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A visit to the Hawaiian Islands is not complete without experiencing a luau – a Hawaiian feast featuring lively music and vibrant cultural performances from Hawaii and greater Polynesia.
History of the Luau
In ancient Hawaii, a feast to celebrate special occasions was called an ahaaina – aha meaning gathering and aina meaning meal. Celebrating special occasions together was an important cultural tradition. Additionally, it was believed that certain foods represented specific qualities and attributes. During this time women were not allowed to eat with men nor were they allowed to eat certain foods.
King Kamehameha II marked a new era by ending traditional practices in 1819. He celebrated this event with a special ahaaina where the women were invited to eat with the men, symbolizing a dramatic shift in societal norms.
Over time the word luau became the more commonly used term for these special parties. Luau, which refers to the taro leaf, was frequently served at these special feasts as well as a number of other dishes.
Popular Luau Dishes
- Poi: Pounded taro plant root; a starch meant to be eaten with everything.
- Kalua Pig: Pork prepared in an imu or underground oven and shredded.
- Chicken Long Rice: A chicken noodle soup-like dish with bean thread noodles and ginger.
- Laulau: Meat wrapped in luau (taro) leaves and steamed. Traditionally, this is prepared in an underground oven called an imu.
- Lomilomi Salmon: A side dish made from salmon, tomatoes, onion and crushed ice.
- Haupia: Coconut pudding.
- Poke: The term literally means "to slice cross-wise into pieces" and commonly features raw fish served with a variety of condiments such as shoyu (soy sauce), green onions, kukui nut (candlenut), limu (seaweed). However, the dish isn't exclusively fish-based and there are other variations as well.
The luau tradition carries on today. Friends and family get together for a luau to celebrate special occasions including graduation, a wedding and most commonly – a birthday. While these luau are private, there are a number of different luau experiences across the state for visitors to enjoy.
Come early and stroll the Plantation's tropical grounds as you enjoy the late afternoon sun or walk through an amazing craft fair and view beautiful creations that are all "Made on Kauai".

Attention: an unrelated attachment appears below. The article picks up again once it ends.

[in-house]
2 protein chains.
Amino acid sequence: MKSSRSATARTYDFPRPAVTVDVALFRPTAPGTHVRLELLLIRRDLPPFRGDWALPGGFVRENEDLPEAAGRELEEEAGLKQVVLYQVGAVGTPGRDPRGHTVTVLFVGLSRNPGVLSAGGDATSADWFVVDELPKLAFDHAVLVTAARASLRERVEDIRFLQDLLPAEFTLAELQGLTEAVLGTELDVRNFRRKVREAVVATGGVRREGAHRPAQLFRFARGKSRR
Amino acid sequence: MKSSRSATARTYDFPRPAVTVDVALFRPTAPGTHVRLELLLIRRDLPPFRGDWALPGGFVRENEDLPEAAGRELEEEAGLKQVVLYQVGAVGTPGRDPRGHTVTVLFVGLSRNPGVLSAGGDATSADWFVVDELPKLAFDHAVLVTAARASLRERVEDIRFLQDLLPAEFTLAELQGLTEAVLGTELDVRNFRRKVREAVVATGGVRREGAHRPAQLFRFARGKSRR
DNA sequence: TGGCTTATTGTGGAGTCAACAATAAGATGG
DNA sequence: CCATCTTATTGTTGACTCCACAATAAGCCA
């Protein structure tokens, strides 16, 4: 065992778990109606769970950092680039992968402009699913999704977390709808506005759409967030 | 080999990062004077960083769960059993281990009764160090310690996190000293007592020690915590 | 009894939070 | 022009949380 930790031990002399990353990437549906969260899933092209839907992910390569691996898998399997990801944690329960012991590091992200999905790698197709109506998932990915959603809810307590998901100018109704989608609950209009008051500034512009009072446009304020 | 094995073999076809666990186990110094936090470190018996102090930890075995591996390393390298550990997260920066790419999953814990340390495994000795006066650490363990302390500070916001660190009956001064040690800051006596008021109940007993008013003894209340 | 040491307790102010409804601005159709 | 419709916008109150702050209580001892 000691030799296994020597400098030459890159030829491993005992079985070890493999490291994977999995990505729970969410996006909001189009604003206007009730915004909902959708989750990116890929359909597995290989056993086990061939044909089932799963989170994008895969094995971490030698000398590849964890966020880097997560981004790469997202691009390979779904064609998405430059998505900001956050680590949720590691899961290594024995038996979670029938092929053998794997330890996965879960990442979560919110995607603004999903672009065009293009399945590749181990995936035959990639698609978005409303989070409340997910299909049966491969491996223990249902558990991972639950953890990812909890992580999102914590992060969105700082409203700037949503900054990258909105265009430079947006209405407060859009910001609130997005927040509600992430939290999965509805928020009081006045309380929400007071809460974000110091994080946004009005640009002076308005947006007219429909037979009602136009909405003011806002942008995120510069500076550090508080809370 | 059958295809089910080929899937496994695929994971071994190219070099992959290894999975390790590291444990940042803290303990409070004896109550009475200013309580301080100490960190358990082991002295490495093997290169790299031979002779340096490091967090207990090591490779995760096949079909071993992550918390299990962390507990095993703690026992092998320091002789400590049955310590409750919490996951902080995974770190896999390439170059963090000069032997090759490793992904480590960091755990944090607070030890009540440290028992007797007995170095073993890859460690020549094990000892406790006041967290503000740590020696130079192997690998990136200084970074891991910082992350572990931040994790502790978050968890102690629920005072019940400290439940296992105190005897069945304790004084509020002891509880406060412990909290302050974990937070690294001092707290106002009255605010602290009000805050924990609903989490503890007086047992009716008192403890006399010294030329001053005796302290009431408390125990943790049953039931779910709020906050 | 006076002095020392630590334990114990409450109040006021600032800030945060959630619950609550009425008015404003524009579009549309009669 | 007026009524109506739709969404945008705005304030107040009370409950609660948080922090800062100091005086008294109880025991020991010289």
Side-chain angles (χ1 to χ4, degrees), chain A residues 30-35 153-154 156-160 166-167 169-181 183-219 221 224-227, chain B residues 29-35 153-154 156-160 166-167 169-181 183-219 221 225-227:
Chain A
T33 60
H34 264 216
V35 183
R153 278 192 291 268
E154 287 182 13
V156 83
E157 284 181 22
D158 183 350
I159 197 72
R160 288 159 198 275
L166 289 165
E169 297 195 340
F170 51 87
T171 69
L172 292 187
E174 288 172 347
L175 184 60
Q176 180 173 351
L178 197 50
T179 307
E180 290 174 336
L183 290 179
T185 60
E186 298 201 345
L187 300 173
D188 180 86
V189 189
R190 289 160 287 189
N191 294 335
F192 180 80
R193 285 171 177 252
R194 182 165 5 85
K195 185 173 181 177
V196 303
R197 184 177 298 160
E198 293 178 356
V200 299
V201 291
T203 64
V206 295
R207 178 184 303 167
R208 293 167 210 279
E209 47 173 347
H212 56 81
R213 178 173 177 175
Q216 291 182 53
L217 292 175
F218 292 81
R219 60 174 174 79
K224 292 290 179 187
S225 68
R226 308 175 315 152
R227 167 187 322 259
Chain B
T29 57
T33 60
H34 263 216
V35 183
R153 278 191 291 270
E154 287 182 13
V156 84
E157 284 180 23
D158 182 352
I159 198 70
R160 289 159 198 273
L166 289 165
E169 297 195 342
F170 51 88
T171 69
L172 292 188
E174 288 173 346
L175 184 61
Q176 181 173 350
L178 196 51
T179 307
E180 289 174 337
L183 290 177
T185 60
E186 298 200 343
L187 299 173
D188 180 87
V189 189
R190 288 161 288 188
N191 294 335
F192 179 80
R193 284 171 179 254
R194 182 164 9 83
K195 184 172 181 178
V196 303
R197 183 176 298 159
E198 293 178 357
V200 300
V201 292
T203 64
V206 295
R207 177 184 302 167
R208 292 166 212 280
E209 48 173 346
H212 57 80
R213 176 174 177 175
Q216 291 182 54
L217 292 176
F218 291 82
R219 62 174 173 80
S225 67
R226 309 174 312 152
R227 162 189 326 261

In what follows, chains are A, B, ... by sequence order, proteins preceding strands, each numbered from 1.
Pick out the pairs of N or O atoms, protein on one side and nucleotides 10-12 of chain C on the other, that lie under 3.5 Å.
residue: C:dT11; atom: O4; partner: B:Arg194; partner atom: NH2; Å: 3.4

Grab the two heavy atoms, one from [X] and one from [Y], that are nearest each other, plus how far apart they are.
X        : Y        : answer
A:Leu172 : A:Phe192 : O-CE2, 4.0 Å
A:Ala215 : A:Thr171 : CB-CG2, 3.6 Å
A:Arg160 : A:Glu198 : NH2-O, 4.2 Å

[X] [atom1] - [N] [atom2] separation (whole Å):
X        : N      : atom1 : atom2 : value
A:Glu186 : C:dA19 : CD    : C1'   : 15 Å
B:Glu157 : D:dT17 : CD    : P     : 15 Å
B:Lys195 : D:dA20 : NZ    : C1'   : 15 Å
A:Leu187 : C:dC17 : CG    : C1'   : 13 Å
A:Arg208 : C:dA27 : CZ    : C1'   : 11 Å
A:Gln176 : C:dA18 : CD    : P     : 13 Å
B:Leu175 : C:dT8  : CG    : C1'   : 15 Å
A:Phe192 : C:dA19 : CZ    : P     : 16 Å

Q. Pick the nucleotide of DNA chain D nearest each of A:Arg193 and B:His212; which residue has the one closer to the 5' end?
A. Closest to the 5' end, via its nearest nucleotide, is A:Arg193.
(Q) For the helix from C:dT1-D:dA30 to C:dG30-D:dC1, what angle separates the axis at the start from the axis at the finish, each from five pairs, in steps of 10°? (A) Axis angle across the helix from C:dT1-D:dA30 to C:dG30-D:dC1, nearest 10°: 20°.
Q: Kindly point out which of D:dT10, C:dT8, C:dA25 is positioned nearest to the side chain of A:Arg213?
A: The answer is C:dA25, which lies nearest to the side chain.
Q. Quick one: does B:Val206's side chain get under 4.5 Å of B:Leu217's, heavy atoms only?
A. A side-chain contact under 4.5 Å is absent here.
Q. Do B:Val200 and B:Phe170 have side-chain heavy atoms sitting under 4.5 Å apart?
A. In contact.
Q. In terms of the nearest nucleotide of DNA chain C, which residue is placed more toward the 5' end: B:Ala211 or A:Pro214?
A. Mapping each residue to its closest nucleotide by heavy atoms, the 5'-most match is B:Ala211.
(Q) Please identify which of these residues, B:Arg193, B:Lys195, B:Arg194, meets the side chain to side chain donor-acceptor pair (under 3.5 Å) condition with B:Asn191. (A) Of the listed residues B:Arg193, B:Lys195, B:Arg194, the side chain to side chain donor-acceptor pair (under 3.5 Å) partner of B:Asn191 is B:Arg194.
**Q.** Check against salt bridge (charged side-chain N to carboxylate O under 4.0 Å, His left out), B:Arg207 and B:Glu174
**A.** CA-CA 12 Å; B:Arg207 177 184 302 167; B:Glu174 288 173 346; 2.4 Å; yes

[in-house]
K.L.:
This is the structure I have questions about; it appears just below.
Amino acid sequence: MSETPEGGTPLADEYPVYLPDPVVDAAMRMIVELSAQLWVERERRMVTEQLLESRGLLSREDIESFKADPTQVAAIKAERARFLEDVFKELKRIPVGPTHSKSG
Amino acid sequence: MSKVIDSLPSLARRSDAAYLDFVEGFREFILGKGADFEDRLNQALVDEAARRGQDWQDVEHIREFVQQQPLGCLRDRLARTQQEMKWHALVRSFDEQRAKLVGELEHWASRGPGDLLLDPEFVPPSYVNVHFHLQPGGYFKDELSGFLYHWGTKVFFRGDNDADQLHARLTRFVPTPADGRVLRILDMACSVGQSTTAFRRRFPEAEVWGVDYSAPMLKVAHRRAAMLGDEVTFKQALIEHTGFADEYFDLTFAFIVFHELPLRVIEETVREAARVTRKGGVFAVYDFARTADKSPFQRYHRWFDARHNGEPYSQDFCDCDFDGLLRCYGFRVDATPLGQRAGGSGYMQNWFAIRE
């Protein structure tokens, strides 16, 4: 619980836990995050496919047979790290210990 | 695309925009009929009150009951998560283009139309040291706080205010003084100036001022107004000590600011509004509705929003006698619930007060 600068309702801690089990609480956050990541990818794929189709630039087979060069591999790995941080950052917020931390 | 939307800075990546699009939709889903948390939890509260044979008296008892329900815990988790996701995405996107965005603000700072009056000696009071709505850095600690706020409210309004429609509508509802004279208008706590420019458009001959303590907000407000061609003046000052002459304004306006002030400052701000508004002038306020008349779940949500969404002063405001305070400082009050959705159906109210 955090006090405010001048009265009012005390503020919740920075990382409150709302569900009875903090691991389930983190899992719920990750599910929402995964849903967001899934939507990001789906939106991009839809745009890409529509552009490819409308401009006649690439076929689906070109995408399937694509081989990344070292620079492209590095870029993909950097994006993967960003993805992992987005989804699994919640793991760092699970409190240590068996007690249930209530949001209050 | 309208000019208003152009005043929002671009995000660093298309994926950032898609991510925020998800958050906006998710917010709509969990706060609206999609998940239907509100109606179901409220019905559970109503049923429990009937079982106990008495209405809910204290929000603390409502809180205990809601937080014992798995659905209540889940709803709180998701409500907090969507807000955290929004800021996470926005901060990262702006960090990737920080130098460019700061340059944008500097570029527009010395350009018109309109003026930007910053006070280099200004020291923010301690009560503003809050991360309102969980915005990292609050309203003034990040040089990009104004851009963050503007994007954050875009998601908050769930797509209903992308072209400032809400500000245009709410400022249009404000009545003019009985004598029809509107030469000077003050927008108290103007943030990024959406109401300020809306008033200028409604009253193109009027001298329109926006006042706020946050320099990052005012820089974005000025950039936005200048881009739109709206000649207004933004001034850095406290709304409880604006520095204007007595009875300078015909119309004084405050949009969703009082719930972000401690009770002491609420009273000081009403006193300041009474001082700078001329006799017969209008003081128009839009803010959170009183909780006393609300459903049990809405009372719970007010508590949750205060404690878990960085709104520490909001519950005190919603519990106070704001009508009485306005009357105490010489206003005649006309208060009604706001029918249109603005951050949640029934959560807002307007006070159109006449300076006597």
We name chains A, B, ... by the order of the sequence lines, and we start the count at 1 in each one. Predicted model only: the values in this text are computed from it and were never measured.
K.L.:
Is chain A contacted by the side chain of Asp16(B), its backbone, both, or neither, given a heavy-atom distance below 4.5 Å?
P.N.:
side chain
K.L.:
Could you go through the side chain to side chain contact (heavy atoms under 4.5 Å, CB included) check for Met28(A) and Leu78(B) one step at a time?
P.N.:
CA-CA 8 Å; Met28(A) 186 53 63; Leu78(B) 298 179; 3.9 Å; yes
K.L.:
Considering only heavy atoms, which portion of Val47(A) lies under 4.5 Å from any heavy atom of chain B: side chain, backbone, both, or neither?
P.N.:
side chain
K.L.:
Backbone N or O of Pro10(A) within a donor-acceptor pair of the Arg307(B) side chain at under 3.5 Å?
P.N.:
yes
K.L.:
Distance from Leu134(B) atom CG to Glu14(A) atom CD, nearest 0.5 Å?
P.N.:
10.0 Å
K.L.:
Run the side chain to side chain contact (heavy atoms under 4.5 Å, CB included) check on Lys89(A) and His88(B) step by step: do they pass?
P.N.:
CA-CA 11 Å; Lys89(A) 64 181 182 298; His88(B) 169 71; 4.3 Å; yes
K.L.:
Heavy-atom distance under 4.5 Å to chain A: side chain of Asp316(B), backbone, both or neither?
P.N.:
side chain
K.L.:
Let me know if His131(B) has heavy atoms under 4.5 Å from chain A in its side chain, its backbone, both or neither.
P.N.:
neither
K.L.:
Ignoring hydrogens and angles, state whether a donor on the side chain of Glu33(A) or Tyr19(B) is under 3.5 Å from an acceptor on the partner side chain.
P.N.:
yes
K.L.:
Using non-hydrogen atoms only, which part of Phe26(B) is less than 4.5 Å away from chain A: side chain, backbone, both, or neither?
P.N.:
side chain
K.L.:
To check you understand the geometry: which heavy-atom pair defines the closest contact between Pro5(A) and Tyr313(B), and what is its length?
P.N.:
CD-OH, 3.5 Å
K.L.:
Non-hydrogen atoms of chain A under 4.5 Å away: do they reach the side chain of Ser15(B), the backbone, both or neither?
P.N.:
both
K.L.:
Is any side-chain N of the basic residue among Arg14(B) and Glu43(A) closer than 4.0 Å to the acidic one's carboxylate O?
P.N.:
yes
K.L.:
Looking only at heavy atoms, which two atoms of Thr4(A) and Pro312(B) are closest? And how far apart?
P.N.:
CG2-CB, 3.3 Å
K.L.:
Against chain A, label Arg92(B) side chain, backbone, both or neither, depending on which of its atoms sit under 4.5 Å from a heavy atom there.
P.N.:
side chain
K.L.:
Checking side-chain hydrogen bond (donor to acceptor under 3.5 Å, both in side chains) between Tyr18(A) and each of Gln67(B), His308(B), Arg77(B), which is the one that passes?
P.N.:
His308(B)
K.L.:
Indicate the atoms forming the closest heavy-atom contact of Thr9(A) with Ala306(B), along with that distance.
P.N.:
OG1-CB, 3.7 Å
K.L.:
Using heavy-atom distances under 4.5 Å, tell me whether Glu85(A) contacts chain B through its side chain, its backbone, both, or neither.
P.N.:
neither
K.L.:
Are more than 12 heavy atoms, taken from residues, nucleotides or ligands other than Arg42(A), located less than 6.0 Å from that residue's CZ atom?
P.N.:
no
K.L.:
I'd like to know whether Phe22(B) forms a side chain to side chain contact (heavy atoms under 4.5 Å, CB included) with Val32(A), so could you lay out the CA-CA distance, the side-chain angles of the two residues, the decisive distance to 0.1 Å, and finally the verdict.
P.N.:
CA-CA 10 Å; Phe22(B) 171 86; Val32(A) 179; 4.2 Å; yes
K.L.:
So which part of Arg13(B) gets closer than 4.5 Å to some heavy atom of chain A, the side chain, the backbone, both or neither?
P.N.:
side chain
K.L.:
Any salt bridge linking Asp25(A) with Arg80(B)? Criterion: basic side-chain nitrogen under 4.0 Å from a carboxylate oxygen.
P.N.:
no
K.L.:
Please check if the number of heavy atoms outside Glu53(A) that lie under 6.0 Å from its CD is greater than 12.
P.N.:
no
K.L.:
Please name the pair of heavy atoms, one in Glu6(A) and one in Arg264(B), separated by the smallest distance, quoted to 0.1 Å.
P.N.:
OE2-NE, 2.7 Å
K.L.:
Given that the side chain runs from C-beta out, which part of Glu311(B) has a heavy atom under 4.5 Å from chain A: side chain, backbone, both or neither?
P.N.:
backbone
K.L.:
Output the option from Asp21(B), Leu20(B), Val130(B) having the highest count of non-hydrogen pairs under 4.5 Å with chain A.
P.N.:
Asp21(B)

The background sound of ocean surf and a soulful steel guitar; a welcome lei and Mai Tai; tables laden with traditional island foods; this is The Mauna Kea Luau - everyone's dream Hawaii experience shared through music and food.
Legends in Concert Waikiki presents "Rock-A-Hula," a dazzling new live concert from yesteryear to today, featuring a unique tribute to "Elvis" joined by an all-star cast, hula and more at the newly renovated Royal Hawaiian Theater in the heart of Waikiki.
Enjoy a garden luau followed by Kauai's most spectacular international pageant at the lagoon amphitheater. The Golden People of Hawaii depicts dances and songs from Polynesia and Asia. Luau's are on Mondays, Wednesdays and Fridays.
Experience Polynesian culture at the Drums of the Pacific Luau located at the Hyatt Regency Maui. Enjoy song and dance from the islands of Polynesia, including an all-you-can-eat buffet with traditional island fare, authentic imu ceremony, and three-man Samoan fire-knife dance, all oceanside.
Kā‘anapali Beach Hotel extends their ho‘okipa by presenting The Legends of Kā‘anapali Lū‘au every Monday night in the heart of the hotel‘s Tiki Courtyard. You’ll be greeted with warm smiles by the friendly staff of the hotel, leading you to a scrumptious feast prepared by island-born chefs.
Five thousand years of legend and lore are acted out in a rousing canoe pageant daily at 2:30 p.m. on the lagoon that meanders through the Polynesian Cultural Center's 42 tropical acres.